Daniel E. Friedmann: The Genesis One Code: Demonstrates a clear alignment between the times of key events described in the Genesis with those derived from scientific observation. and The Broken Gift: Harmonizing the Biblical and scientific accounts of human origins
Aryeh Kaplan: Immortality, Resurrection and the Age of the Universe: A Kabbalistic View
Yehuda Levi: Torah and Science - Their Interplay in the World Scheme
Jonathan Sacks: The Great Partnership: God, Science and the Search For Meaning
Gerald Schroeder: Genesis and the Big Bang: The Discovery of Harmony Between Modern Science and the Bible; The Science of God
Out of the above Schroeder and Kaplan are especially popular.
Rabbi Avraham Feld (of Brit-Am fame) is a follower of Schroeder.
Yair Davidiy inclines more to the Ultra-Orthodox viewpoint which is mostly against Evolution.
Two Rabbis who were prominent opponents to the Theory of Evolution are:
# Rabbi Avigdor Miller, a highly revered American Haredi rabbi of the Lithuanian Yeshivah Tradition, who was also highly respected in Hasidic communities such as Satmar, was strongly opposed to the theory of evolution, and wrote strong polemics against evolution in several of his books, as well as speaking about this subject often in his popular lectures, taking a Creationist position. Several selections from his books on this subject were collected in a pamphlet he published in 1995 called "The Universe Testifies". #
Rabbi Miller wrote in a similar style to Christian Fundamentalist Creationists and used virtually the same arguments.
# Rabbi Menachem Mendel Schneerson, the Rebbe of the worldwide movement of Lubavitcher or Chabad Hasidism, was avidly opposed to evolution, and his following remains committed to that position. #
The Rabbi of Chabad wrote against Evolution taking a logical common-sense philosophjical approach to the subject.
It is also worth mentioning, "Mysteries of the Creation. A Cosmology Derived from Tanach and Chazal," by Rabbi Dovid Brown, Israel, 1997, in which he explains Creation, the Flood, Biblical History, etc, within the Framework of the Biblical Timeline, through Catastrophism (similar to that of Emmanuel Velikovsky) as indicated by Talmudic and Midrashic sources.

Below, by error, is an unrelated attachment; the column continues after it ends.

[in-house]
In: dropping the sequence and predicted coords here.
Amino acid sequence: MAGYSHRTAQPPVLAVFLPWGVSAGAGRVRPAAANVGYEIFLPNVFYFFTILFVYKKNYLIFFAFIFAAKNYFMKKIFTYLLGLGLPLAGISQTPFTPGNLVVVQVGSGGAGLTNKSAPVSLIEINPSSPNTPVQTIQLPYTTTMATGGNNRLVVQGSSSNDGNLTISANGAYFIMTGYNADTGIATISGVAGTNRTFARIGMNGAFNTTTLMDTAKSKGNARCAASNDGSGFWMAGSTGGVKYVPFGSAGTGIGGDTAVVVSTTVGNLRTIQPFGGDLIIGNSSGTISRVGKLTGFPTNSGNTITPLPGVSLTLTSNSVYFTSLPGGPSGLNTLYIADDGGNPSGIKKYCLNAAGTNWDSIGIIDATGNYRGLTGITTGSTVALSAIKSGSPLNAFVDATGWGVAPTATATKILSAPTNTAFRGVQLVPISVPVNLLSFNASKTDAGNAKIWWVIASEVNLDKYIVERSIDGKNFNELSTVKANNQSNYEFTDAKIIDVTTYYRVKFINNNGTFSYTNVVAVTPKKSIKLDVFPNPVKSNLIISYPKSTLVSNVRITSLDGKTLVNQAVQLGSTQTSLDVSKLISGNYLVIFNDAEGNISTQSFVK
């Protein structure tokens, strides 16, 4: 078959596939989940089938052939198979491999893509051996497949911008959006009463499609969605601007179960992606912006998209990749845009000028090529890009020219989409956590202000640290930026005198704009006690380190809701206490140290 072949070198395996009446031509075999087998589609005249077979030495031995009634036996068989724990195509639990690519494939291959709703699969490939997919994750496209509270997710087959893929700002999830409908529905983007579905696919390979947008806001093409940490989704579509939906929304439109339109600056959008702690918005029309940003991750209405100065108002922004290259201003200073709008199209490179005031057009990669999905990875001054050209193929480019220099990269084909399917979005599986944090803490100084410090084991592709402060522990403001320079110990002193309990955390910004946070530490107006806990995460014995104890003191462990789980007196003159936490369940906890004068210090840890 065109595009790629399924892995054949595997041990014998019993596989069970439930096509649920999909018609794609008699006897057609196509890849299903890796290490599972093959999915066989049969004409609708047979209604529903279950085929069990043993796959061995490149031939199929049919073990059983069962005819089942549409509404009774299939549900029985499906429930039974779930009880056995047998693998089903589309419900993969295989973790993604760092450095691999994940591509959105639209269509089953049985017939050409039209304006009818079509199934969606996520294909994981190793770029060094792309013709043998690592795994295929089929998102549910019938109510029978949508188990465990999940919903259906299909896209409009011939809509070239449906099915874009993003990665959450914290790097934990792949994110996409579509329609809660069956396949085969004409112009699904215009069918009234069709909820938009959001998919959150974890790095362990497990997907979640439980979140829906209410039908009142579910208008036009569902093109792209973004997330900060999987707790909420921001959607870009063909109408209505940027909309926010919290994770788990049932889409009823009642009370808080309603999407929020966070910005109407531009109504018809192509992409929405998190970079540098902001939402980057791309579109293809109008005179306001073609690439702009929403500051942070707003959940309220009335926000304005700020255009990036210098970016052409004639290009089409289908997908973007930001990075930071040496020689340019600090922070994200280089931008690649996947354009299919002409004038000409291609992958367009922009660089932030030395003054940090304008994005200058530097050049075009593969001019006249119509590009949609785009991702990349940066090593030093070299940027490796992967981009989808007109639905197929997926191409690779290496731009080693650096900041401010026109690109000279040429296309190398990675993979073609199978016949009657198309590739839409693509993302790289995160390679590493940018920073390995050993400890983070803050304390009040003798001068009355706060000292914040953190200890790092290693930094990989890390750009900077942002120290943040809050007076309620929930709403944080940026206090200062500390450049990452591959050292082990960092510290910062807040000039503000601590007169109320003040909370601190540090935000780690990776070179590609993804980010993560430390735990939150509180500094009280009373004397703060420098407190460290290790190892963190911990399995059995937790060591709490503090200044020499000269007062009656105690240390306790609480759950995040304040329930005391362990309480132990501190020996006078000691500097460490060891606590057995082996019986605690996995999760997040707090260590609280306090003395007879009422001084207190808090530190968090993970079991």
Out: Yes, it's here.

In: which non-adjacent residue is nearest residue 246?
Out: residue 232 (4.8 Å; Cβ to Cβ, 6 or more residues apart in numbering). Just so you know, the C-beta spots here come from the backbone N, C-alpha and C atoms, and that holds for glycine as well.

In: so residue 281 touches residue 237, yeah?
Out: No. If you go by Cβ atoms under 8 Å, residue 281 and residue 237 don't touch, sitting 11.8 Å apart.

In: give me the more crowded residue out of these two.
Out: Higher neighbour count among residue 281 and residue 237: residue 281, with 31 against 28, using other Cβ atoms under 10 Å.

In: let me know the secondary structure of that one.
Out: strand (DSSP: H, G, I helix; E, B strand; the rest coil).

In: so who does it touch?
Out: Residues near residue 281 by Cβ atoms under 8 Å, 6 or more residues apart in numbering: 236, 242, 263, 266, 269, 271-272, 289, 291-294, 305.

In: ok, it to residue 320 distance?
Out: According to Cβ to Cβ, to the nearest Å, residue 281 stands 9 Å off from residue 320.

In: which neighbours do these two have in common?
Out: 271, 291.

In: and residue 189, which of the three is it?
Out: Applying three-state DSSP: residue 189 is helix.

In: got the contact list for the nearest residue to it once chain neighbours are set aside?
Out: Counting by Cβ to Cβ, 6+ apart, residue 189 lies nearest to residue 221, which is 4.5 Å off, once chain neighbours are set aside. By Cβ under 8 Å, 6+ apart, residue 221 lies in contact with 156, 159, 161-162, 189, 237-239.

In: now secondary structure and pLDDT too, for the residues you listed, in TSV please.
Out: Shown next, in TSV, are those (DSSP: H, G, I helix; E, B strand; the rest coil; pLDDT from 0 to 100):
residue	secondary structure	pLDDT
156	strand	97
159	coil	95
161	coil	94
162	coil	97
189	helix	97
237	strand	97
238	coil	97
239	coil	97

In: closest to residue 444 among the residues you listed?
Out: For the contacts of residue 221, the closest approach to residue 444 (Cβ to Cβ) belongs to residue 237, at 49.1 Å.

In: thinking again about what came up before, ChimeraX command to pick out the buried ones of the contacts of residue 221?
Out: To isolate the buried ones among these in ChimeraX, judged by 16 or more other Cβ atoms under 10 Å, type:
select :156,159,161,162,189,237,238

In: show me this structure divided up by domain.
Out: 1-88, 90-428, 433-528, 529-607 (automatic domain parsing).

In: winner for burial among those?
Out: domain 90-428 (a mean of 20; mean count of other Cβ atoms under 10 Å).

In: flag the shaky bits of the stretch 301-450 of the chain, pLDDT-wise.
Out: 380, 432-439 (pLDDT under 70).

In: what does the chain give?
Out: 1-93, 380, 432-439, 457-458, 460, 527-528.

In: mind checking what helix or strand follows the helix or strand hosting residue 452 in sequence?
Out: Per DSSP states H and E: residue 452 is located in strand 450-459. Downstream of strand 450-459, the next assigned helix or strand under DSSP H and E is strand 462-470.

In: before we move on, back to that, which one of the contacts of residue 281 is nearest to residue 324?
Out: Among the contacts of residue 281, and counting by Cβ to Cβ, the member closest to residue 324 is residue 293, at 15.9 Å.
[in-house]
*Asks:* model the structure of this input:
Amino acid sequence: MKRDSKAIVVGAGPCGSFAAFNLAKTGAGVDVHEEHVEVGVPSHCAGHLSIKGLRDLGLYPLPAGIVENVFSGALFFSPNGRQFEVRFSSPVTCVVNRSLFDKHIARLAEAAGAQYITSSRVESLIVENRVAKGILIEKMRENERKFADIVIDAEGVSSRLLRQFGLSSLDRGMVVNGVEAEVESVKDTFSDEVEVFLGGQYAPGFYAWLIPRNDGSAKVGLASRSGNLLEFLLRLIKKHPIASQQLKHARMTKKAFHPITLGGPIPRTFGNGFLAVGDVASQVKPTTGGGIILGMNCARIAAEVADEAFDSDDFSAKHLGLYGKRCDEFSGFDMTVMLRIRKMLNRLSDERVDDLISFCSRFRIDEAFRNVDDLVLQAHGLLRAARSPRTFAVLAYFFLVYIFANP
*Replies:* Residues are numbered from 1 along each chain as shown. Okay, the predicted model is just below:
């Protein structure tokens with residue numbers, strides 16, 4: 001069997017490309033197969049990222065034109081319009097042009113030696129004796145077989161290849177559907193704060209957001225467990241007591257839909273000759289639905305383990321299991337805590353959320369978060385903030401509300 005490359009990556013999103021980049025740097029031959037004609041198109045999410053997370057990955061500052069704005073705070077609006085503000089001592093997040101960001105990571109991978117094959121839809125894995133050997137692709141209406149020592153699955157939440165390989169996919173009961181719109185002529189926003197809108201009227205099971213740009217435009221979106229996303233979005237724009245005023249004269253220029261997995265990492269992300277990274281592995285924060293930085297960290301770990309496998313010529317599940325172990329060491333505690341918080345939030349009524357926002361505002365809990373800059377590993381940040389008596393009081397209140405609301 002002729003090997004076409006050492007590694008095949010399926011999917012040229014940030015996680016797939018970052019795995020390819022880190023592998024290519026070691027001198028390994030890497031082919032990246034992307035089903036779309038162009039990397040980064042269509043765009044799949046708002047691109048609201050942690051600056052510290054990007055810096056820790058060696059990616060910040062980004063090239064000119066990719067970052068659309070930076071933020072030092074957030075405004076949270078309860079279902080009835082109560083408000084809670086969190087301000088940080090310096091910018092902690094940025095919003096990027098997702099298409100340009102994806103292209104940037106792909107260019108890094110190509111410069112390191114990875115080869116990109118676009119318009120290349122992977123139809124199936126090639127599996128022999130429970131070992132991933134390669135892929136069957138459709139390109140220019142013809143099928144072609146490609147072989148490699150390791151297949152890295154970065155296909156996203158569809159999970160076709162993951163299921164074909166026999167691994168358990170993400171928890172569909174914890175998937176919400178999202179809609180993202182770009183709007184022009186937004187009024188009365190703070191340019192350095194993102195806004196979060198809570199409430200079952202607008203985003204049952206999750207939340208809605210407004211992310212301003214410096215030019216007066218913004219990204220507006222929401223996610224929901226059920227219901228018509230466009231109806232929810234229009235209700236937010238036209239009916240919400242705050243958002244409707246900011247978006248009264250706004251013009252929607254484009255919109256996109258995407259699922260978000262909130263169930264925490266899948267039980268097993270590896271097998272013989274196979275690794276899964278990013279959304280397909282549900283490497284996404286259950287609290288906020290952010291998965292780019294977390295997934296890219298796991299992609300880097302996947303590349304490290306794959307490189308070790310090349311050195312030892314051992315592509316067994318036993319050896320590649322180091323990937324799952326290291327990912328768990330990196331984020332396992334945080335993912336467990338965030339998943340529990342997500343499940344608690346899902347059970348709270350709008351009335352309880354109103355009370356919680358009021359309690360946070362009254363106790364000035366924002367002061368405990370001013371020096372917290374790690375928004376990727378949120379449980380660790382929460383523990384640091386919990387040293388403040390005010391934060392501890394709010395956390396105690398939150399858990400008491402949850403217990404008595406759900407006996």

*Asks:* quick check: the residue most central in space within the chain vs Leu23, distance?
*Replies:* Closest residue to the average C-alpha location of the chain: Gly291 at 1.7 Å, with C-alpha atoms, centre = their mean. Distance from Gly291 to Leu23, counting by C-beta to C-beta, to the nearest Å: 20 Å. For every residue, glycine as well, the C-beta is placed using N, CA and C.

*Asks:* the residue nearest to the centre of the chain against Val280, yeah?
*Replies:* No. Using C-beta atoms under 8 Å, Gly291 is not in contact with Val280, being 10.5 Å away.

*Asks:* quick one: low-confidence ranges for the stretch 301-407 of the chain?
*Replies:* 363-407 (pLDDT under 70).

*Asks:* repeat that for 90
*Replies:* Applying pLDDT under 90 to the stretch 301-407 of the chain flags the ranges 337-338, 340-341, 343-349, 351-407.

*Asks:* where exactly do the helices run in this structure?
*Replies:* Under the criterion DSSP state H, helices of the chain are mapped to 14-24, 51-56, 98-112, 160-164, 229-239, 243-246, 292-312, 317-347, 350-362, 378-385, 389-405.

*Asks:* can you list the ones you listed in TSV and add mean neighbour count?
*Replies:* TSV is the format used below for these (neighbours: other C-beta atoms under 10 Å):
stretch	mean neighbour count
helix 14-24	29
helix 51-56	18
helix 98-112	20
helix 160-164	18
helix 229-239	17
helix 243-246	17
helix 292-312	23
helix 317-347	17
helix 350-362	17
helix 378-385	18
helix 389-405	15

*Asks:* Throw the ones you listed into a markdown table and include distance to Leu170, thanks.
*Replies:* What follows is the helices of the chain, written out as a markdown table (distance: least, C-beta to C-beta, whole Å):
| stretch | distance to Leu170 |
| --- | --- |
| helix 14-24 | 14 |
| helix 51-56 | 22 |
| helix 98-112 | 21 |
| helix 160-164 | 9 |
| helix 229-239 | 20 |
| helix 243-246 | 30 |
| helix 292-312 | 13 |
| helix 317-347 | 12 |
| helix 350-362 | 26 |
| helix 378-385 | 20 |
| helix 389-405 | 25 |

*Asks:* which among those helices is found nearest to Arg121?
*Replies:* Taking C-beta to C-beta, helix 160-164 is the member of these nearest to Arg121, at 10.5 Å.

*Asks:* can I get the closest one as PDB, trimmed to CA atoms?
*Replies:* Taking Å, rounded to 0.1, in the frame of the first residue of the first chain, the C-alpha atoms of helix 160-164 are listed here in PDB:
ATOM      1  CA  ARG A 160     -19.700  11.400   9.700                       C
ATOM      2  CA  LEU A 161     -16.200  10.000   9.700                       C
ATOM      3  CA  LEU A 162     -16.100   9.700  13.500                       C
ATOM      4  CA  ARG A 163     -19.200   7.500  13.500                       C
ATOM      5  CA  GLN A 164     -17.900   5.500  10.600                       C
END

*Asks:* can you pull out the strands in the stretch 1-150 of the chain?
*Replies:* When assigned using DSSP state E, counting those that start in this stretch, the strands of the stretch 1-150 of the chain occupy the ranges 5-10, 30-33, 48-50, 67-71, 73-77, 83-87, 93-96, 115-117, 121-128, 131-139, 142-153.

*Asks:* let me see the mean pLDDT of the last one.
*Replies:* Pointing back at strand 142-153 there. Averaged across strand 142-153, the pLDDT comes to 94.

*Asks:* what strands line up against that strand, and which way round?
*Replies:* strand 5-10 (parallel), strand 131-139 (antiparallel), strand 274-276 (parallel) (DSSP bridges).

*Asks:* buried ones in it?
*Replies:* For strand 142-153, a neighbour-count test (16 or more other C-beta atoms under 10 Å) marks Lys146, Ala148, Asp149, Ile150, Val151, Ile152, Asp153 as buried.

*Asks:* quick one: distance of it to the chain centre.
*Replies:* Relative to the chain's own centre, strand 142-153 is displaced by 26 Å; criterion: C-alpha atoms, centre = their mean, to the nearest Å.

In 2004-2005, three popular books, [in implied support of Evolution], by Rabbi Natan Slifkin (sometimes pronounced Nosson Slifkin) were banned by a group of Haredi rabbinic authorities on the grounds that they were heretical.
Rabbi Yose Mizrachi is also a prominent opponent of Evolution:
In our opinion the Creationists are the more correct BUT we do not need them in order to believe in the Bible. Even so, the Bible is the revealed word of God. The Bible is quite clear that the first man was Adam and that all humanity descended from him. Later, the whole of mankind was obliterated in the Deluge and only Noah and his family remained. Explaining this and understanding it to our mind is more important than arguing about whether One Day of Creation really meant only 24 hours in our time or much, much, longer. Therefore any rational theoretical scenario concerning the past that stands to reason and is consistent with the Bible is of interest to us.
This brings us to Dr. Nathaniel Jeanson who explains DNA findings within a Biblical Time-Frameframe. We disagree with Dr. Jeanson on more than half of his suggestions but what remains is still of great potential value.
Concerning the DNA Aspects of Evolutionary Theory see: Dr. Nathaniel T. Jeanson.